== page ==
BOSTON (TheStreet) — Profits are up and bonuses are flowing again. Case in point: Goldman Sachs (GS) reported earnings of $13.4 billion for 2009 and said it would spend an average of $498,000 per employee on bonuses.
Stock options hold value once again. Executive perks that were eliminated during the worst of the recession — or hidden from prying eyes — are being flaunted. But will the gravy train make a stop for Wall Street's rank-and-file employees? Will salary and benefit cuts be reversed?
(GS) As the economy slowed, employers cut benefit spending 14% from $21,527 in 2006 to $18,496 in 2007, according to the U.S. Chamber of Commerce. Now, with the worst of the recession in the rearview mirror, benefits are getting a second look. While some employers expect to restore previously curtailed benefits, many companies will be looking for cheaper ways to show they care.
(GS) "We know that employers are paying attention to costs more than ever," says Dr. Ronald Leopold, national medical director for MetLife's (MET) institutional business and a part of the team that compiles its annual survey of attitudes regarding benefits. "What we found in our study was that employers were more apt to hold back in terms of salary and compensation than they necessarily were with benefits."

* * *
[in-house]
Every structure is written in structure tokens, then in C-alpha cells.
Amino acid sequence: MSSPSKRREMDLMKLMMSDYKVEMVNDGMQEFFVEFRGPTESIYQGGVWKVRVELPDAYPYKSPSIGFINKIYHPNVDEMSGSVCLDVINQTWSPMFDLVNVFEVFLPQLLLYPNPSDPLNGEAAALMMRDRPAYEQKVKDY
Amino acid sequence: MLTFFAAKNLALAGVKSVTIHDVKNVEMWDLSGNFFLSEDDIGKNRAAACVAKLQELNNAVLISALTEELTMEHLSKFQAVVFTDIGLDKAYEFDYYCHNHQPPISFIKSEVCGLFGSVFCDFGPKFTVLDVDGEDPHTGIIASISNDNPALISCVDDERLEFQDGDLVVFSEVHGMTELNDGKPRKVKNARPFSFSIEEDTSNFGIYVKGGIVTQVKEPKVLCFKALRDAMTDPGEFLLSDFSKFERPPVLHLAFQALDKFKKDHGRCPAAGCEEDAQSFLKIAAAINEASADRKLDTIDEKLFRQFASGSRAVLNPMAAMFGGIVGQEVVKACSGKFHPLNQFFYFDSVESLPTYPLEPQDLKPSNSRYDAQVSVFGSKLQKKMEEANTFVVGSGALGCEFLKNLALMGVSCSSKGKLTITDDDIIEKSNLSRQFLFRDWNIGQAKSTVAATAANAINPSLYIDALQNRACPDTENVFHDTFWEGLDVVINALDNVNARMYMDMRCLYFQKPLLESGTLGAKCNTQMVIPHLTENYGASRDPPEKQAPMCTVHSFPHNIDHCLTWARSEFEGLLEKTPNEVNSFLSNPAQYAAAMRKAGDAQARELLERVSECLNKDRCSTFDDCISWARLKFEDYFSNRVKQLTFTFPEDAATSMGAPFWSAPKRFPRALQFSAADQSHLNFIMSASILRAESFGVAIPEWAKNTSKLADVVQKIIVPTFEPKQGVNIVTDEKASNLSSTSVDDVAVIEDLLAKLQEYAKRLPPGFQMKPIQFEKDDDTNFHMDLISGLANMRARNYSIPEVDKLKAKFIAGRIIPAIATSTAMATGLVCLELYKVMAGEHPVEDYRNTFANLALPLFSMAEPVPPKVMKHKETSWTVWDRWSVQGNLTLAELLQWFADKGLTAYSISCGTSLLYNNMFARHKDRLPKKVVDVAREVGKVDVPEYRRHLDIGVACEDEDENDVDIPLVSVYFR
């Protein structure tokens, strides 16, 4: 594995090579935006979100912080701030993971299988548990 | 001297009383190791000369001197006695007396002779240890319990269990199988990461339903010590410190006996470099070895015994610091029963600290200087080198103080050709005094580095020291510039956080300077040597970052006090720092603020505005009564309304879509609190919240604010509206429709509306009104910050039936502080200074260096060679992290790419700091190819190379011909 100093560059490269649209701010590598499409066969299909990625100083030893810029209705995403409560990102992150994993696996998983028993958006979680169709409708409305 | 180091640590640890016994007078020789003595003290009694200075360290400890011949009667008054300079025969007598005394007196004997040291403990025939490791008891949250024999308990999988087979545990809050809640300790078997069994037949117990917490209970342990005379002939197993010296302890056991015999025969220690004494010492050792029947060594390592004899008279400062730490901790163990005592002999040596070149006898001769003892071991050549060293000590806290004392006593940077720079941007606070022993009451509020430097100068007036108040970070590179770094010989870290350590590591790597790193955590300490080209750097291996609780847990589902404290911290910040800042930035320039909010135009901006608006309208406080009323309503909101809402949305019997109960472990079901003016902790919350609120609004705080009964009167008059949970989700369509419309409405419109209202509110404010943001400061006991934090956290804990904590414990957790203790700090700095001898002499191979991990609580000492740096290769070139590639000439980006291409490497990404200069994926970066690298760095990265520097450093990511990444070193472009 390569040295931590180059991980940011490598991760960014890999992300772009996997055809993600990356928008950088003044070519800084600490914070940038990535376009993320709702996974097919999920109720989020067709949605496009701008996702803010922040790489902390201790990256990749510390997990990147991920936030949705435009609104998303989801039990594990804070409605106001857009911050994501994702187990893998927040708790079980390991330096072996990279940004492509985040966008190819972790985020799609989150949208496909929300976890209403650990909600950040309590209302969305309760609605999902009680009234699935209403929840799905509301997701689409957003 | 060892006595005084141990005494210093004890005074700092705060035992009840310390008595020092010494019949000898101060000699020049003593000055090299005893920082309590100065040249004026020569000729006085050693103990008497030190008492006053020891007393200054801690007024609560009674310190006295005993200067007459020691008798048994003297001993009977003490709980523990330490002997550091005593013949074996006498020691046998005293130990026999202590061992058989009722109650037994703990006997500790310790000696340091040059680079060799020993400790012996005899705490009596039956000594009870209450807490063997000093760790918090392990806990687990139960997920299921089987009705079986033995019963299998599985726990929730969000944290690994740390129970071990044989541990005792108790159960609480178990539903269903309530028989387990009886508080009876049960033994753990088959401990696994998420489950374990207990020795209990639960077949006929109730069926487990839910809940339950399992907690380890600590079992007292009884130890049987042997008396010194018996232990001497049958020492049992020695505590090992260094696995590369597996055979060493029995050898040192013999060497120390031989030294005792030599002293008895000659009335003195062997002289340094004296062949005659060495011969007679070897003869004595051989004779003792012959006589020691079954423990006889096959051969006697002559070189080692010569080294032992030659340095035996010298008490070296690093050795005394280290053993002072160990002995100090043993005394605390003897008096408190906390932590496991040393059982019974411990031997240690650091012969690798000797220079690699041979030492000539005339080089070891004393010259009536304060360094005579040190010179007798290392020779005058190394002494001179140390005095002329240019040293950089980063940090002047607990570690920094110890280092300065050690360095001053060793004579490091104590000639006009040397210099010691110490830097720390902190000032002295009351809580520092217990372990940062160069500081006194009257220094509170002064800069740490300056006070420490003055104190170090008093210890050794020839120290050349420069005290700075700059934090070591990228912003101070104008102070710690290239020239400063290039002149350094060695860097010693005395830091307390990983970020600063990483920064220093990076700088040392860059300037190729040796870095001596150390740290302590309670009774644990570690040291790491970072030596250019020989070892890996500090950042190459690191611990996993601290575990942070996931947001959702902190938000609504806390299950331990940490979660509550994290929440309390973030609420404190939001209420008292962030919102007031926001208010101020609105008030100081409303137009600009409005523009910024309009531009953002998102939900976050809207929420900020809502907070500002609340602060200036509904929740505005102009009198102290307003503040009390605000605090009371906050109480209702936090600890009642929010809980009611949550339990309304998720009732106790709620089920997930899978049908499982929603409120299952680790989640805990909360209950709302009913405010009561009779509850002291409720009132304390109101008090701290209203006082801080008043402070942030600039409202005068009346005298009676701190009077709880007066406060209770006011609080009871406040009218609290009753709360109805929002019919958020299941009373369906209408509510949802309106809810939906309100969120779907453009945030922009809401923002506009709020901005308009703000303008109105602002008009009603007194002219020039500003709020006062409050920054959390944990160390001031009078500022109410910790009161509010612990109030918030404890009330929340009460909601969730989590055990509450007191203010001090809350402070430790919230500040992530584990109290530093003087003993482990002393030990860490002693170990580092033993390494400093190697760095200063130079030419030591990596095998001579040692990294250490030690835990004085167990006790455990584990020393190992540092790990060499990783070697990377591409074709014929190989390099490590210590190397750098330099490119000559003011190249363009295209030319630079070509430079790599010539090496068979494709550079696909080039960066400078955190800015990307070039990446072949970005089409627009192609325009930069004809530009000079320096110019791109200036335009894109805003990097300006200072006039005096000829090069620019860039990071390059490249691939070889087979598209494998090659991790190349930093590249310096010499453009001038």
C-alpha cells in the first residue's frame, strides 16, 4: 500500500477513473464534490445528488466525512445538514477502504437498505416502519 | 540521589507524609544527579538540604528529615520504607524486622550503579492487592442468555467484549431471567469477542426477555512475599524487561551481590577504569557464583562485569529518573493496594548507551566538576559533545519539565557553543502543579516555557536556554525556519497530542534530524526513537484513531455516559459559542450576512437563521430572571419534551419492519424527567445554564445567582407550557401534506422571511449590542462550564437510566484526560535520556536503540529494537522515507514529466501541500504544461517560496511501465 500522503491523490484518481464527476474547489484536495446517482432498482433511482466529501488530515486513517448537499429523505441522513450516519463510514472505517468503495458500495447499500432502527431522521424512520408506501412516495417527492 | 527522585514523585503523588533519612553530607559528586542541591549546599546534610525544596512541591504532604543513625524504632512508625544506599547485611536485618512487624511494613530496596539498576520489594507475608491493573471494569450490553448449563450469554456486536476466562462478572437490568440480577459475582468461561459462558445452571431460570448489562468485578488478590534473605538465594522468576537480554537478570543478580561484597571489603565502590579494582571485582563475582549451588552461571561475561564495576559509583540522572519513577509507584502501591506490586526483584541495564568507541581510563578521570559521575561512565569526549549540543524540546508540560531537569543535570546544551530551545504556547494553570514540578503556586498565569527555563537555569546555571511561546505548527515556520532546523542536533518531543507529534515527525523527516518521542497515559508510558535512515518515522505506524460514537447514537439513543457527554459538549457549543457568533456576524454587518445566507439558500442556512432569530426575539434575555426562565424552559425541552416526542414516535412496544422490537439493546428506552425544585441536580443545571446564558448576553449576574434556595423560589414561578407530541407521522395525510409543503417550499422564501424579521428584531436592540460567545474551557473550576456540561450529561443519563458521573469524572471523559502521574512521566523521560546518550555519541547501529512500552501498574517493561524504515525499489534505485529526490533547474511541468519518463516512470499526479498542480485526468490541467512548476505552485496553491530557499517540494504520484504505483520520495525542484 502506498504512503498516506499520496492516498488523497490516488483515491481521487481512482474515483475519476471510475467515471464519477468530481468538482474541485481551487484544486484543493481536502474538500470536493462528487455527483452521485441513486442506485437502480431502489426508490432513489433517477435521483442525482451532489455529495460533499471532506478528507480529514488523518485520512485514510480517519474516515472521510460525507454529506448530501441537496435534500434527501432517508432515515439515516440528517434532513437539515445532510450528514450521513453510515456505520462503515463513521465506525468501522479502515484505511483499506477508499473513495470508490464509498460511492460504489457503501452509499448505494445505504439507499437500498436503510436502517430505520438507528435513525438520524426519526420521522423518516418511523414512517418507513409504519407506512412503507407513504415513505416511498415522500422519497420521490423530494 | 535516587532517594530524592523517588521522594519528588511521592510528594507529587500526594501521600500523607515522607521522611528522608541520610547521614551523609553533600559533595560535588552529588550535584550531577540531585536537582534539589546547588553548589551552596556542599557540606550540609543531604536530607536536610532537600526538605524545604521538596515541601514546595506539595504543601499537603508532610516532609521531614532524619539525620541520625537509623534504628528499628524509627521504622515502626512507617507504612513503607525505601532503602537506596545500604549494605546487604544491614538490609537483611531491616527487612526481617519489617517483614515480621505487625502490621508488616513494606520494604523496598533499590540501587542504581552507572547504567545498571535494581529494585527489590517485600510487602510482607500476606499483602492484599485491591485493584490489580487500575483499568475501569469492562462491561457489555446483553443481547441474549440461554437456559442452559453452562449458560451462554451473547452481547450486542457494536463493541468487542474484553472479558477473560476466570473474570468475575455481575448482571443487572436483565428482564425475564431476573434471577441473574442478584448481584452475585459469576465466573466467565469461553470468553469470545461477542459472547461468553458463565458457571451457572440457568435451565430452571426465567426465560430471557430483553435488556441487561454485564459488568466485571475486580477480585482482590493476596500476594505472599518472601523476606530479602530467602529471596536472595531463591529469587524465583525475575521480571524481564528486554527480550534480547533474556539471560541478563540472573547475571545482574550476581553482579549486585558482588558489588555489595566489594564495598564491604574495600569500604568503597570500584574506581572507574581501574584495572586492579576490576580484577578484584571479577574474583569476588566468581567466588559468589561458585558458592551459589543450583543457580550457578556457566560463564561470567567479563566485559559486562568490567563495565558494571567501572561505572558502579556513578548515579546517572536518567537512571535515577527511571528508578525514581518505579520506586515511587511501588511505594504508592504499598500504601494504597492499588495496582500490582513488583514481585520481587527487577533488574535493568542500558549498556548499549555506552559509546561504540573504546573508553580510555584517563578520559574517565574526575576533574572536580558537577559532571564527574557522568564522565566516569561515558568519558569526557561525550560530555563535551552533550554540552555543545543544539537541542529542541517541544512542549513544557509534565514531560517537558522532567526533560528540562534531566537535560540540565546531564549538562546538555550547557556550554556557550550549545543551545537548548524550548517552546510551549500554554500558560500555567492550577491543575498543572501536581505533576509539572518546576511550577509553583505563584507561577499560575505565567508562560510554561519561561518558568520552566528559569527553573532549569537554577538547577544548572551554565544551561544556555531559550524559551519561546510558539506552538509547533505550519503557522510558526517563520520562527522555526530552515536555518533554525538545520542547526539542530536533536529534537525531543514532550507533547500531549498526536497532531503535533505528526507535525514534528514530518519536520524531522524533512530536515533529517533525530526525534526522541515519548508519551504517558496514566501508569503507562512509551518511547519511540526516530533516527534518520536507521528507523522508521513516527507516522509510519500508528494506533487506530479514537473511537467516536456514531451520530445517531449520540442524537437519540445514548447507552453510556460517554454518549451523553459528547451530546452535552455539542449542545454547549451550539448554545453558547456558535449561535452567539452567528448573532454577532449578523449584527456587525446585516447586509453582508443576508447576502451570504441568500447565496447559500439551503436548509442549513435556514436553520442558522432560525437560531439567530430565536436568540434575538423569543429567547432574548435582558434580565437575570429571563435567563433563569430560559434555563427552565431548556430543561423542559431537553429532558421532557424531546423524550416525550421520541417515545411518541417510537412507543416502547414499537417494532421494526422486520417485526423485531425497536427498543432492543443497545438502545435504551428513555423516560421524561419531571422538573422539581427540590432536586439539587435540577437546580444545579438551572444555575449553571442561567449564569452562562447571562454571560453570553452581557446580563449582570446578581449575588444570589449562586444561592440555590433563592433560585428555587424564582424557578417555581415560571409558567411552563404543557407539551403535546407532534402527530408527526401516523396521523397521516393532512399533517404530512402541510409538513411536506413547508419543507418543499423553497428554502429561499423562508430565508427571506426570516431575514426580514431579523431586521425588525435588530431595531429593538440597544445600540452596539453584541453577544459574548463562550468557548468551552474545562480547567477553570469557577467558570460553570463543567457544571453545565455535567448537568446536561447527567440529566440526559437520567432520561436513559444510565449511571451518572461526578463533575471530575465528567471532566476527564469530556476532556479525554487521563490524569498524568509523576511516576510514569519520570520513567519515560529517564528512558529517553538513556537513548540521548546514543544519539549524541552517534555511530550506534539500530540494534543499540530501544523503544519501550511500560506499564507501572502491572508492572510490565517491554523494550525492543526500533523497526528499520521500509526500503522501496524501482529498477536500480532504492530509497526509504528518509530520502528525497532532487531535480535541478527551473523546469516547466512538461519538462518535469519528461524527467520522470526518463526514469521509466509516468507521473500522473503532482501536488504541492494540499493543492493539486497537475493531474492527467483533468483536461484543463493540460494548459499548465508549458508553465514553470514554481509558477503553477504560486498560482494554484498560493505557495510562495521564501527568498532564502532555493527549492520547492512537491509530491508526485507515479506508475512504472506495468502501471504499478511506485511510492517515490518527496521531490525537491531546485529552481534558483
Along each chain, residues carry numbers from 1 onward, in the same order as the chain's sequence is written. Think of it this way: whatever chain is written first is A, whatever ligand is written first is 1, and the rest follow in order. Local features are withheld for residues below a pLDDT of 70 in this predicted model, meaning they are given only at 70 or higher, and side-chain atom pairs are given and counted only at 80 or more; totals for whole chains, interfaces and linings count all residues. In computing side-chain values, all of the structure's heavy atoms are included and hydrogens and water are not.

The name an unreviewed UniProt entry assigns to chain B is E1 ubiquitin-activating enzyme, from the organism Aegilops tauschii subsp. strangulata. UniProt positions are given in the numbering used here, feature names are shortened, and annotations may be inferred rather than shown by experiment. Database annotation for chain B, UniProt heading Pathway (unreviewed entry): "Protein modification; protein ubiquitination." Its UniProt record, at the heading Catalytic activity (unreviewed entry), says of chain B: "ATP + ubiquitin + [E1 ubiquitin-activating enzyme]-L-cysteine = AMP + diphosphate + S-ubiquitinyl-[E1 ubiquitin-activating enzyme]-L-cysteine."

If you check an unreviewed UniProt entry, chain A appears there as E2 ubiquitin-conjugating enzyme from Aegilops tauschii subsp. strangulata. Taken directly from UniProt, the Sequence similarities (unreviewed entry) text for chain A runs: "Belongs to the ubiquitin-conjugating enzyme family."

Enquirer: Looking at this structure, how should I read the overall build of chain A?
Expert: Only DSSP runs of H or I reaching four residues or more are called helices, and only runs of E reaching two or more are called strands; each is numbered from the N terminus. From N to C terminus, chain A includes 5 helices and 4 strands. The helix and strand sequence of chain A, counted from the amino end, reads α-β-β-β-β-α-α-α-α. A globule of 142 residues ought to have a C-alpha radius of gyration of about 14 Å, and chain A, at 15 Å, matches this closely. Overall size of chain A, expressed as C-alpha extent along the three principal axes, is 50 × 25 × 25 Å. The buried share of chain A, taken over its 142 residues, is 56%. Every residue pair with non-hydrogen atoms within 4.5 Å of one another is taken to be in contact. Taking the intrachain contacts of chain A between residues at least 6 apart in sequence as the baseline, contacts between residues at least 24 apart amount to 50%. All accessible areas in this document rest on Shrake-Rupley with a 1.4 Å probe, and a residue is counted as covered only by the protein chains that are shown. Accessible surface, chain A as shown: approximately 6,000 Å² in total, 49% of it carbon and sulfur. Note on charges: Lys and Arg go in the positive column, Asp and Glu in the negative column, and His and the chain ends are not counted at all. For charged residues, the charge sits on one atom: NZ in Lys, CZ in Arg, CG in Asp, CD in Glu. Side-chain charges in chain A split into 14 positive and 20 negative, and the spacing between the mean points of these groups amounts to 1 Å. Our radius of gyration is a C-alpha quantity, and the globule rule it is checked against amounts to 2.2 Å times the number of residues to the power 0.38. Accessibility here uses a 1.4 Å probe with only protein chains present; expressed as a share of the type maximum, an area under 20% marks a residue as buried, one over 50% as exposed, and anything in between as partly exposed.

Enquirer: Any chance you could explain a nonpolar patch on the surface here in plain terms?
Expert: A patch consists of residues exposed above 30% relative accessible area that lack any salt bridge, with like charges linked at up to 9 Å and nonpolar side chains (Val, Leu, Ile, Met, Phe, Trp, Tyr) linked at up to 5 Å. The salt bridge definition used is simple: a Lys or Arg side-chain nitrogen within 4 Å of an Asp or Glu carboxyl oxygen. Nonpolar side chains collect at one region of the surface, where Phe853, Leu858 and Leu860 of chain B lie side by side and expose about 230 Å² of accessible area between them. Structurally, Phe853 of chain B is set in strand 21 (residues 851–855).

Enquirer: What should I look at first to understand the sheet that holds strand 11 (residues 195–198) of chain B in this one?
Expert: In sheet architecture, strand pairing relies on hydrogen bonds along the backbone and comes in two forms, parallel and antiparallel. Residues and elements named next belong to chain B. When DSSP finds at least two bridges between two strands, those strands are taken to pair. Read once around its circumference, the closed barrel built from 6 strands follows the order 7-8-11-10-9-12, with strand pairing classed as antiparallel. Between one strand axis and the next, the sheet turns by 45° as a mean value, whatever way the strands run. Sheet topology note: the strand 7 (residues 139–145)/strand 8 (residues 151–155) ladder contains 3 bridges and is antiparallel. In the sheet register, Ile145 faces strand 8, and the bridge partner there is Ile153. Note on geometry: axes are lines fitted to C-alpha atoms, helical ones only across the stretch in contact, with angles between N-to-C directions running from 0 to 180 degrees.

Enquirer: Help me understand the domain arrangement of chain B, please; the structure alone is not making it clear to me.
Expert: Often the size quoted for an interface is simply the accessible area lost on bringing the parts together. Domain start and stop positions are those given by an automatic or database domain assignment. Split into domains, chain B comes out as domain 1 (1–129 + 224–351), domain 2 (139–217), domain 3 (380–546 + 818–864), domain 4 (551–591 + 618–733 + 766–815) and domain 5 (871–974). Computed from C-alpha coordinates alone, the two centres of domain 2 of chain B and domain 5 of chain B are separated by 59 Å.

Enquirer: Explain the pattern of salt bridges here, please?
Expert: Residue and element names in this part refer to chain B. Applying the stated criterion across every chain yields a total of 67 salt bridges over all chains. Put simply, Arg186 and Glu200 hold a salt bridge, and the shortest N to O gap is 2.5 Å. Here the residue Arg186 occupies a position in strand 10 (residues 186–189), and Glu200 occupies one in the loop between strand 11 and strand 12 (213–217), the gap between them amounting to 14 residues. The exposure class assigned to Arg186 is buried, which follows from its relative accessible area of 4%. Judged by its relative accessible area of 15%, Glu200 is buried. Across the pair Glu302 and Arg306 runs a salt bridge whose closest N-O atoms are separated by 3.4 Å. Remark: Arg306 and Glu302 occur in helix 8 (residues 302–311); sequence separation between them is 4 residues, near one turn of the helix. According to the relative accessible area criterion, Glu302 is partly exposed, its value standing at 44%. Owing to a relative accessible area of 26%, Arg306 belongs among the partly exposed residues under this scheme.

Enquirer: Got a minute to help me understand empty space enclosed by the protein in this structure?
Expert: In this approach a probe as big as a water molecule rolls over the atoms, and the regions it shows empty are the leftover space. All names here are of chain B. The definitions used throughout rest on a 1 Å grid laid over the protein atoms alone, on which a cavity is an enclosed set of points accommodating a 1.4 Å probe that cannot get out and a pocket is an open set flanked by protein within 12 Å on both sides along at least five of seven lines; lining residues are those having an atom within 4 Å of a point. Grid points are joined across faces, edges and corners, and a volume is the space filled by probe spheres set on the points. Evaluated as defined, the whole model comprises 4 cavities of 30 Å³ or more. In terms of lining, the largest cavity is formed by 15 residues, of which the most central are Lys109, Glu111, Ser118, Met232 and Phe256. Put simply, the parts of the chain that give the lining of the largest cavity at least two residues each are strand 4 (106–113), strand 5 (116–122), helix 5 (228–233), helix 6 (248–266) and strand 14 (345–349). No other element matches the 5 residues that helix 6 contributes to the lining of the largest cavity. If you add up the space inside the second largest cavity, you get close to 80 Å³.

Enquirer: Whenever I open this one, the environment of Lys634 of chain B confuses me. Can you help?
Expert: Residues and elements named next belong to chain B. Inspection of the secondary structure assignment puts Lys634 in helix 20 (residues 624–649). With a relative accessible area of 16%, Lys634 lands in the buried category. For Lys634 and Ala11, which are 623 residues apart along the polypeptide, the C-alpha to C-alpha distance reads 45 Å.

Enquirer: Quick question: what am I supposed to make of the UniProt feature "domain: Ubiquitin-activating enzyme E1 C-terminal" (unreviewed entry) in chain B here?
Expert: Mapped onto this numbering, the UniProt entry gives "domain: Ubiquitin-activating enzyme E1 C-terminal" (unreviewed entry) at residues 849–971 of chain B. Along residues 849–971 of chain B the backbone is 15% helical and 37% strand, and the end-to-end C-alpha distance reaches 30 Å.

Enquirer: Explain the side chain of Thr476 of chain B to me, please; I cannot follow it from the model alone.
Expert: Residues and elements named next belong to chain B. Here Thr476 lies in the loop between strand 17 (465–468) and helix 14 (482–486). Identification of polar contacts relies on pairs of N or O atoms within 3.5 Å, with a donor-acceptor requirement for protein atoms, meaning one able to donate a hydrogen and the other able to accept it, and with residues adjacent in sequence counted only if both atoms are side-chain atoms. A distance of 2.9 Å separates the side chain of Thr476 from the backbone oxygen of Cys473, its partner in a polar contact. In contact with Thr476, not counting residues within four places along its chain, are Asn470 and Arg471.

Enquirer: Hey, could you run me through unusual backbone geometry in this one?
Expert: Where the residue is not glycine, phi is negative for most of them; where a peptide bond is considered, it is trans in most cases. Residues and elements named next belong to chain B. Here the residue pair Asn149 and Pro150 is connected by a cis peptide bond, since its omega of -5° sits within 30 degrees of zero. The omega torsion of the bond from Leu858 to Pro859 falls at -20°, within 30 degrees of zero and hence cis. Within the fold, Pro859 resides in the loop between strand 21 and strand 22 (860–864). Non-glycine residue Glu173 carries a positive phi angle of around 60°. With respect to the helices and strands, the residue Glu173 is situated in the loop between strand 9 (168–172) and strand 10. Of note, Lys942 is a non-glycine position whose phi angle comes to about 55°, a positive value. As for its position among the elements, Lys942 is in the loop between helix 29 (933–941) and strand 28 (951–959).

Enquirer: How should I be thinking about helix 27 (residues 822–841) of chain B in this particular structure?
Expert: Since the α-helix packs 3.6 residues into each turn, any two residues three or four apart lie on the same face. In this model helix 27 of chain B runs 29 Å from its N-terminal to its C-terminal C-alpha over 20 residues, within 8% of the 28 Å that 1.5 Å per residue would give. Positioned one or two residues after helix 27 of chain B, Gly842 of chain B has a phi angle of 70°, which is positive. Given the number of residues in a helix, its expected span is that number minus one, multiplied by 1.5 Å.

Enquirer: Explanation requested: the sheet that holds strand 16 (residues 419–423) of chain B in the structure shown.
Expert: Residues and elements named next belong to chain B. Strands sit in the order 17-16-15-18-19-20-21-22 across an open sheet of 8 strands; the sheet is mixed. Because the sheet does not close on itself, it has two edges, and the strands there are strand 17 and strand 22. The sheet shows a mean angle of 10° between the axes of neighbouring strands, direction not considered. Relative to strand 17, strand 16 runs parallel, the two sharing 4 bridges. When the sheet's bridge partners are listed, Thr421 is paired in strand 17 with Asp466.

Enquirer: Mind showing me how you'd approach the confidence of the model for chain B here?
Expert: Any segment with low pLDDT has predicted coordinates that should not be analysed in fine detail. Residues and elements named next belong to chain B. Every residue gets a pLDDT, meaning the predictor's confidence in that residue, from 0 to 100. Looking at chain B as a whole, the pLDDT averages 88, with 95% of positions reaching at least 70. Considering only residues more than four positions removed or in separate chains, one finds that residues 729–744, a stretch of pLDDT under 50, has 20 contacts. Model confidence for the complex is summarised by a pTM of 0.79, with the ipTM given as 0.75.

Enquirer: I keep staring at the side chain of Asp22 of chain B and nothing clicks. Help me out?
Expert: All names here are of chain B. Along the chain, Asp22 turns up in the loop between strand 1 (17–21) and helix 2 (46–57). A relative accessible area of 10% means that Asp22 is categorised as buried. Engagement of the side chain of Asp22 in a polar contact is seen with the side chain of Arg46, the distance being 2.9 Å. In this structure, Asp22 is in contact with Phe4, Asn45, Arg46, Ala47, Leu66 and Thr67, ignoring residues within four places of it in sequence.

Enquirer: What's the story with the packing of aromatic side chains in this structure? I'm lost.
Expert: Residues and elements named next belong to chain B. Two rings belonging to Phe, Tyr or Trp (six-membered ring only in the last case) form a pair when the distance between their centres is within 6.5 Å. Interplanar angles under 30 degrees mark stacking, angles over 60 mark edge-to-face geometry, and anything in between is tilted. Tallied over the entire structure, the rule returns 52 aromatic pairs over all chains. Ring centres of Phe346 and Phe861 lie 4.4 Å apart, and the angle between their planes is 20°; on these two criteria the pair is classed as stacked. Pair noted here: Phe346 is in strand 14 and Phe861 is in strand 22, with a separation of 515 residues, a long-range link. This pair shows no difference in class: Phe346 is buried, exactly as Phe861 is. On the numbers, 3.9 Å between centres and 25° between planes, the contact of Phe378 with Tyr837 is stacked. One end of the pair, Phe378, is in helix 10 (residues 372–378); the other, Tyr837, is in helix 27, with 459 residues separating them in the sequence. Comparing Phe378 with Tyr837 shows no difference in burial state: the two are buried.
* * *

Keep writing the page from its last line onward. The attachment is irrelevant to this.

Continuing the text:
(GS) (MET) Companies' compensation costs averaged $27.49 per hour worked in 2009, according to the Labor Department. Wages and salaries accounted for 71% of total compensation, while benefits averaged 29%. Employer costs for paid leave (including vacation, holiday, sick, and personal time) averaged $1.86 per hour worked and insurance benefits averaged $2.15 (7.8%). Retirement and costs, which include pension and 401(k) plans, averaged 94 cents (3.4%).